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Build Advice HTPC replacement

Discussion in 'Hardware' started by thewelshbrummie, 13 Jan 2022.

  1. thewelshbrummie

    thewelshbrummie Minimodder

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    Need some opinions about my planned HTPC replacement, and what you'd do.

    My HTPC is simply a TV computer. It's on 24/7 and not used for gaming. Performance isn't necessary as it spends little time actually doing something. My current HTPC is in my signature, but runs an Ivy Lake 3220T (capped 35W TDP, back when it meant something). Originally built in 2010, I last made changes in 2013 and it hasn't been touched since.

    12th gen CPU pricing is good but B660 ITX motherboards... not so much. I'm wondering if going 10/11th gen might be the better option. Thoughts welcome.

    --

    This may also tie in to my parents PC. Build in Jan 2011 with a 1st gen Core i3, I replaced the motherboard and CPU in Jan 2016 with an i3 6100 (more on this later).

    I'd intended on using Alder Lake for my HTPC but I'm wondering if I'm better off not doing so.

    Both computers are going to be replaced this year, most likely in May.

    --

    I have the case, boot SSD and a 5TB 2.5" HDD that I'll be using.

    If I go 11th gen, I'd need the following:

    CPU - Core i3 10105 - £110
    Motherboard - Asus Strix B560-I - £155
    CPU Cooler - Noctua NH-L9i Chromax - £55
    RAM - Corsair DDR4 Vengeance LPX Black @3,600MHz - £64
    TV Tuner - Hauppauge WinTV-quadHD - £97
    PSU - Silverstone SX500-LG v2.1 - £80

    It's a total of £560

    With 12 gen, I'd need to change the following:

    CPU - 12100 is £140 (+£30)
    Motherboard - if I stick with 2x m.2 slots, then the Asus B660-I - £245 (+£90). There are cheaper options but I still need at least £200.
    RAM - Crucial DDR5 @4,800MHz - £60 if I drop to 8GB, or more than double if I stick.

    It's at least an extra £80. £180 if I go with 16GB DDR5 RAM.

    If I go 11th gen, then I'd probably keep these parts for 3-4 years before upgrading again - with the view of reusing the memory in the replacement I have for my parents PC to double what they would have in the rebuild I've planned for them (matx B660 is far cheaper and is mainly DDR4). Their newbuild is pretty much set, 12400 with an matx B660 and DDR4 - and the price isn't likely going to change. They'll be getting 4 more cores than their existing build and double the memory.

    The catch is that if I go 11th gen I'd probably want to upgrade sooner and the Noctua cooler would need to be replaced as the original L9i isn't compatible with LGA1700, I'd need the specific 1700 version of the cooler later on.

    I'm just wondering if it's a false economy to go with 11th gen vs 12th, considering that a 12th gen build will more than likely be good for 7-10 years. It just feels cheeky to be forced to spend £50+ over a B560 board.

    --

    The TLDR - should I go 11th or 12th gen. If I go 12th gen, DDR5 & 8 or 16GB or DDR4, with a view to replacing the parts a bit sooner?

    Money isn't the issue but I'm just wondering if I'd be wasting it one way or the other.
     
  2. saspro

    saspro IT monkey

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    Are you just using it for watching/recording TV?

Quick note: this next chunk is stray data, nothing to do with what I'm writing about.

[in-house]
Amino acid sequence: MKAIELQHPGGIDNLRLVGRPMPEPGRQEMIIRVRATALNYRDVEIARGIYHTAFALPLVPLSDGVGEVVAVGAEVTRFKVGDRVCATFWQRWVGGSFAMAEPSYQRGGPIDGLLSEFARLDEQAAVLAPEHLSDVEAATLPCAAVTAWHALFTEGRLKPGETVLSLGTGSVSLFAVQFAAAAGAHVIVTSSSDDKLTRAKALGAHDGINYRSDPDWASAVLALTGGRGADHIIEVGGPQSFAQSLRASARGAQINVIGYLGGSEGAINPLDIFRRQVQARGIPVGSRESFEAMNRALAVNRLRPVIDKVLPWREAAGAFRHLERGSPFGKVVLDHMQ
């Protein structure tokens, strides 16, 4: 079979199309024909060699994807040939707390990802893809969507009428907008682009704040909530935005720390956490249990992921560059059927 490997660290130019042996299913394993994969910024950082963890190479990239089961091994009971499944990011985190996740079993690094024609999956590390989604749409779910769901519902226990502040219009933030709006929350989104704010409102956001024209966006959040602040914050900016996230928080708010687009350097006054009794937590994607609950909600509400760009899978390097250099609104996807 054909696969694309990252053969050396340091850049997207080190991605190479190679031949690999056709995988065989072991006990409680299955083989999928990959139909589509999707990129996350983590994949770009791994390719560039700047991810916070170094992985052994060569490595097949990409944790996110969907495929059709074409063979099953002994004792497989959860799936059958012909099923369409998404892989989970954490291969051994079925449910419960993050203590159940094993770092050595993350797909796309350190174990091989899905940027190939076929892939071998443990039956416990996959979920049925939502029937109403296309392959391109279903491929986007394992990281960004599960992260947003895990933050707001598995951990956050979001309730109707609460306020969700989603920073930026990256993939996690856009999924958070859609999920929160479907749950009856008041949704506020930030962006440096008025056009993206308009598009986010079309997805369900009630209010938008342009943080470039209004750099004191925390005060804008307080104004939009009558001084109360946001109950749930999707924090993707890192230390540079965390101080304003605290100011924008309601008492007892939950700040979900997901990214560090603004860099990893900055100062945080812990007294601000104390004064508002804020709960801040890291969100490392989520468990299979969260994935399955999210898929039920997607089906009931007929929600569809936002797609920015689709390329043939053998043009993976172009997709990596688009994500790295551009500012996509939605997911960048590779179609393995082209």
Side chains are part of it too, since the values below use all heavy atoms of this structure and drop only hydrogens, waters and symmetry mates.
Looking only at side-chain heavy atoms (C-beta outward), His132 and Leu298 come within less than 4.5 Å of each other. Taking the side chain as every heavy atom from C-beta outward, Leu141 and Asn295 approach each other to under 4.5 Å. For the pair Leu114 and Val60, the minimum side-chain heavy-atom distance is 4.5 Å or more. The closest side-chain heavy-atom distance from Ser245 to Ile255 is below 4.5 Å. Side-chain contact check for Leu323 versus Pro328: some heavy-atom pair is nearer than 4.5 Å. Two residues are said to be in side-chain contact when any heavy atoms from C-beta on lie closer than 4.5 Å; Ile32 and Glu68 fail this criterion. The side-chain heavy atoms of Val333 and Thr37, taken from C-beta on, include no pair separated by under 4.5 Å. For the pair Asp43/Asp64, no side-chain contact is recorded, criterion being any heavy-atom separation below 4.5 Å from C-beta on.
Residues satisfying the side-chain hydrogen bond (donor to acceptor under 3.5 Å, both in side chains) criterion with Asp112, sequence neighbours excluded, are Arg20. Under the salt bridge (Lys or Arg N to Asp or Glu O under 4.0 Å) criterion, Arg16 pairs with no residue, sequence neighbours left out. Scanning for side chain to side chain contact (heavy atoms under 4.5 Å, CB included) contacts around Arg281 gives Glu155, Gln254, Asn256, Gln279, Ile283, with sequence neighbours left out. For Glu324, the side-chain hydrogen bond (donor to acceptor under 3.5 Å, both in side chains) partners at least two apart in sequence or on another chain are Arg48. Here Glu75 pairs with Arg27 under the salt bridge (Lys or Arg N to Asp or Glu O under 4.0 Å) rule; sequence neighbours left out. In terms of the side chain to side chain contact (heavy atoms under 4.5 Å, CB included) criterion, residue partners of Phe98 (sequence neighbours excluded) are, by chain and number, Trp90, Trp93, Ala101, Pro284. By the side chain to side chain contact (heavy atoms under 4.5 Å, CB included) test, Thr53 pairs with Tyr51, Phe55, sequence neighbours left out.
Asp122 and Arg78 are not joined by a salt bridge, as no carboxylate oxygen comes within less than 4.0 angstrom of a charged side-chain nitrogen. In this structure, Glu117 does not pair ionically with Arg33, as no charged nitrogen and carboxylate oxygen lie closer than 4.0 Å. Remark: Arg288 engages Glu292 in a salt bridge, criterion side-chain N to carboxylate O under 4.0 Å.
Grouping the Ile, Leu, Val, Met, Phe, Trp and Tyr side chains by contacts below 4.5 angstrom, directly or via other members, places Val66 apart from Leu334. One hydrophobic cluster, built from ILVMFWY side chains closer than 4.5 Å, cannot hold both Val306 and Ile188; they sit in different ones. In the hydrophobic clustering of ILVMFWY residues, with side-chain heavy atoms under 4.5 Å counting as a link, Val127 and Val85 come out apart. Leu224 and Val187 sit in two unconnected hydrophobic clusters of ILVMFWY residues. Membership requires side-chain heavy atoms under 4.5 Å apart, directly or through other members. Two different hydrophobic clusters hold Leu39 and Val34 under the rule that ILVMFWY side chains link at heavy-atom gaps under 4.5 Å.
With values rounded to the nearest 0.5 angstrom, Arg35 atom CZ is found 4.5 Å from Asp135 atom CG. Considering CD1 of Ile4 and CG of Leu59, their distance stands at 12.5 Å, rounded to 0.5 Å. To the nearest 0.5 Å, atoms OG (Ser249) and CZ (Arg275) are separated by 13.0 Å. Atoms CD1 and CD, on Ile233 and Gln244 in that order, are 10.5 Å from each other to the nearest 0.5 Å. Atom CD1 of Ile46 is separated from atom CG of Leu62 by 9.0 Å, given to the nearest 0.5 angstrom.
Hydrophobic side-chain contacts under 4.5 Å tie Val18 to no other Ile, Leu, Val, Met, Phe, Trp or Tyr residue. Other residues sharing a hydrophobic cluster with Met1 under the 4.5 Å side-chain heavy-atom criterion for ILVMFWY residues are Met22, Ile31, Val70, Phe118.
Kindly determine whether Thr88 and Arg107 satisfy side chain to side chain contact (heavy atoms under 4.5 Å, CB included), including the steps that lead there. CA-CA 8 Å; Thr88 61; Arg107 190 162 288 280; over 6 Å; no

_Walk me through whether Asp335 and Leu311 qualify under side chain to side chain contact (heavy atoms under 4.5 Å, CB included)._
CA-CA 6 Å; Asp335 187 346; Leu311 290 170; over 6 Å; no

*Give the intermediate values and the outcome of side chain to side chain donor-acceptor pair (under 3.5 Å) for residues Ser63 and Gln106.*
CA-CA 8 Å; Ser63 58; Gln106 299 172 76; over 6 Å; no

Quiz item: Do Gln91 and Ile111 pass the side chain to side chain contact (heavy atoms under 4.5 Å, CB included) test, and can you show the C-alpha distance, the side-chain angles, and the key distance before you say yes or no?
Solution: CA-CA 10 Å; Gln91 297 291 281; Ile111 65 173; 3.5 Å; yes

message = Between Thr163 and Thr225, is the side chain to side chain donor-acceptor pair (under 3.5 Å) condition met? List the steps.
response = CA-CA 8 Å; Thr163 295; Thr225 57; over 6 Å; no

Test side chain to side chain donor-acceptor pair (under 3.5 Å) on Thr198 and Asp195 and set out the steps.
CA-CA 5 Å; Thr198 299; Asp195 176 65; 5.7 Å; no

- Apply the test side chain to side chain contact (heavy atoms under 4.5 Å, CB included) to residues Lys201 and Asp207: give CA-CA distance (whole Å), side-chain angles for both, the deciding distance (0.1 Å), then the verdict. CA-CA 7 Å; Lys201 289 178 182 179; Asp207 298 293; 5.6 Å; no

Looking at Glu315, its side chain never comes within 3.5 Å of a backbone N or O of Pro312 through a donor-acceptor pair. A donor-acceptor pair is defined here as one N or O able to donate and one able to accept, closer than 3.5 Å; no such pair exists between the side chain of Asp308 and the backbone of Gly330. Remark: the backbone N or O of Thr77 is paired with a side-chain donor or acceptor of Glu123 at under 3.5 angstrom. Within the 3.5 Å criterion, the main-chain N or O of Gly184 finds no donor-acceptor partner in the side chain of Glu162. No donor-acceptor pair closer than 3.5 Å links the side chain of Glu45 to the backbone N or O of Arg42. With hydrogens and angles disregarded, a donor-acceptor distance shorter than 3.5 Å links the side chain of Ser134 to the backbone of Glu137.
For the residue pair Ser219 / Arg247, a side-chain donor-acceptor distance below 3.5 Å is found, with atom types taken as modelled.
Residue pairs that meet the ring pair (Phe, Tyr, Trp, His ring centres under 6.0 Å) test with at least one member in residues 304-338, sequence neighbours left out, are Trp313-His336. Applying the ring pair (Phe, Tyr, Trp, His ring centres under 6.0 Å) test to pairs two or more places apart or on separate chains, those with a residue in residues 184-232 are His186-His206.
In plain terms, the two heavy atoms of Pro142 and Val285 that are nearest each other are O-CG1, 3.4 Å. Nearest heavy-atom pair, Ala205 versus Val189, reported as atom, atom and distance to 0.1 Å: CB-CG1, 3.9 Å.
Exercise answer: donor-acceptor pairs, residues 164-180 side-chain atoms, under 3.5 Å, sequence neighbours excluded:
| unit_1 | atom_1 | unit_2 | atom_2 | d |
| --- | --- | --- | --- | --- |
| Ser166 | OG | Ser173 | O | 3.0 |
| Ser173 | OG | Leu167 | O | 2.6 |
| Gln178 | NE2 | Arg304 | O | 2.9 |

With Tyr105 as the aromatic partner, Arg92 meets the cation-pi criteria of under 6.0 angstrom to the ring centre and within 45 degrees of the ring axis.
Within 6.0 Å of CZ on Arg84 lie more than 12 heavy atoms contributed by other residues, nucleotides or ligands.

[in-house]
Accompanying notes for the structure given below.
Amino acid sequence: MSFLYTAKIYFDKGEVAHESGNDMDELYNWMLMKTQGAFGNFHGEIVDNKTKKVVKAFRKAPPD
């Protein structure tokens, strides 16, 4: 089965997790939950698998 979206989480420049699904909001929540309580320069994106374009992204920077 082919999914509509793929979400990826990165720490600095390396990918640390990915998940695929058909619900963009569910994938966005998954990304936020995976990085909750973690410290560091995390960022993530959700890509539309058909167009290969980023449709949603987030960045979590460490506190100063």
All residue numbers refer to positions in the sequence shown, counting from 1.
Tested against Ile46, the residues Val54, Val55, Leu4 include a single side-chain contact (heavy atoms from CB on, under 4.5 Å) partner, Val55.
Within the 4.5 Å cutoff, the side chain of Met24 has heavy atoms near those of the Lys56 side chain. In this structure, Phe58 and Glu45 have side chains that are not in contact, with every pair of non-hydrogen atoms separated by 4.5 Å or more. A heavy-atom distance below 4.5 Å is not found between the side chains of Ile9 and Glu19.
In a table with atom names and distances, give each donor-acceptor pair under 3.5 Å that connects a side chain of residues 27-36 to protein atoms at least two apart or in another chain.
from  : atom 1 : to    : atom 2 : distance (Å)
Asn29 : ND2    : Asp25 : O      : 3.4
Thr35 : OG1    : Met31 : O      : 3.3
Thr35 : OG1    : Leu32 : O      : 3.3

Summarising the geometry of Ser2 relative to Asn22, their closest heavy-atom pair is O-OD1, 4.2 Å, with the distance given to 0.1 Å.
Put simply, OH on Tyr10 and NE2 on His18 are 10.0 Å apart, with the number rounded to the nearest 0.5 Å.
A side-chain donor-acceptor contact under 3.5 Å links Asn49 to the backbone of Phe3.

3. Gareth Halfacree

    Gareth Halfacree WIIGII! Lover of bit-tech Administrator Super Moderator Moderator

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    If you are just using it for watching and/or recording TV... why upgrade at all?
     
  4. teacherboy

    teacherboy Part Carbon/Nylon/Bovine

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    If just a htpc then what about a mITX set-up like a j5040 quad core - only uses 10W and has 4 sata ports and a pcie x 1 port for a sata card if you need more - totally silent and works - i had one as a htpc for a while until i decided i had to have HDR output which it won't do but that was just about its only limitation in that role - i replaced it with an R5-5600g.

    https://www.asrock.com/mb/Intel/J5040-ITX/
     
  5. thewelshbrummie

    thewelshbrummie Minimodder

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    Looks like I wasn't clear.

    My current HTPC is running an Ivy Bridge CPU... and more importantly, Win7. Security wise it's not safe to run it any more, especially when remote access is now a requirement. I could put Win 10 on it but that wouldn't be a long term option and I'm losing Windows Media Center regardless, so I'd rather start over with a new build that will last at least 5 years.

    The question was whether upgrading to 10/11th or 12th gen, from 3rd gen, was what you'd do.

    That said, I've found an answer that makes the decision obvious. I wasn't aware that Intel removed SGX extensions from 11th gen and newer (AMD never supported it). I'd like to keep UHD Blu-Ray playback as an option, which makes the decision clear. 10th gen it is. And the 10105 is more than powerful enough.
     
    Arboreal and The_Crapman like this.
  6. The_Crapman

    The_Crapman Don't phone it's just for fun. Lover of bit-tech

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    If security is your only concern with the current rig, I wouldn't bother upgrading. Unless you're also an aws data centre node, I think you'll be safe enough. Far too much is made of security vulnerabilities or support loss, but it's largely irrelevant to individuals. Keeping an eye on who's been hacked and changing passwords when required is the only thing you should worry about. That and if your antivirus software is mining on your rig or digitally harvesting your organs for ad money.
     

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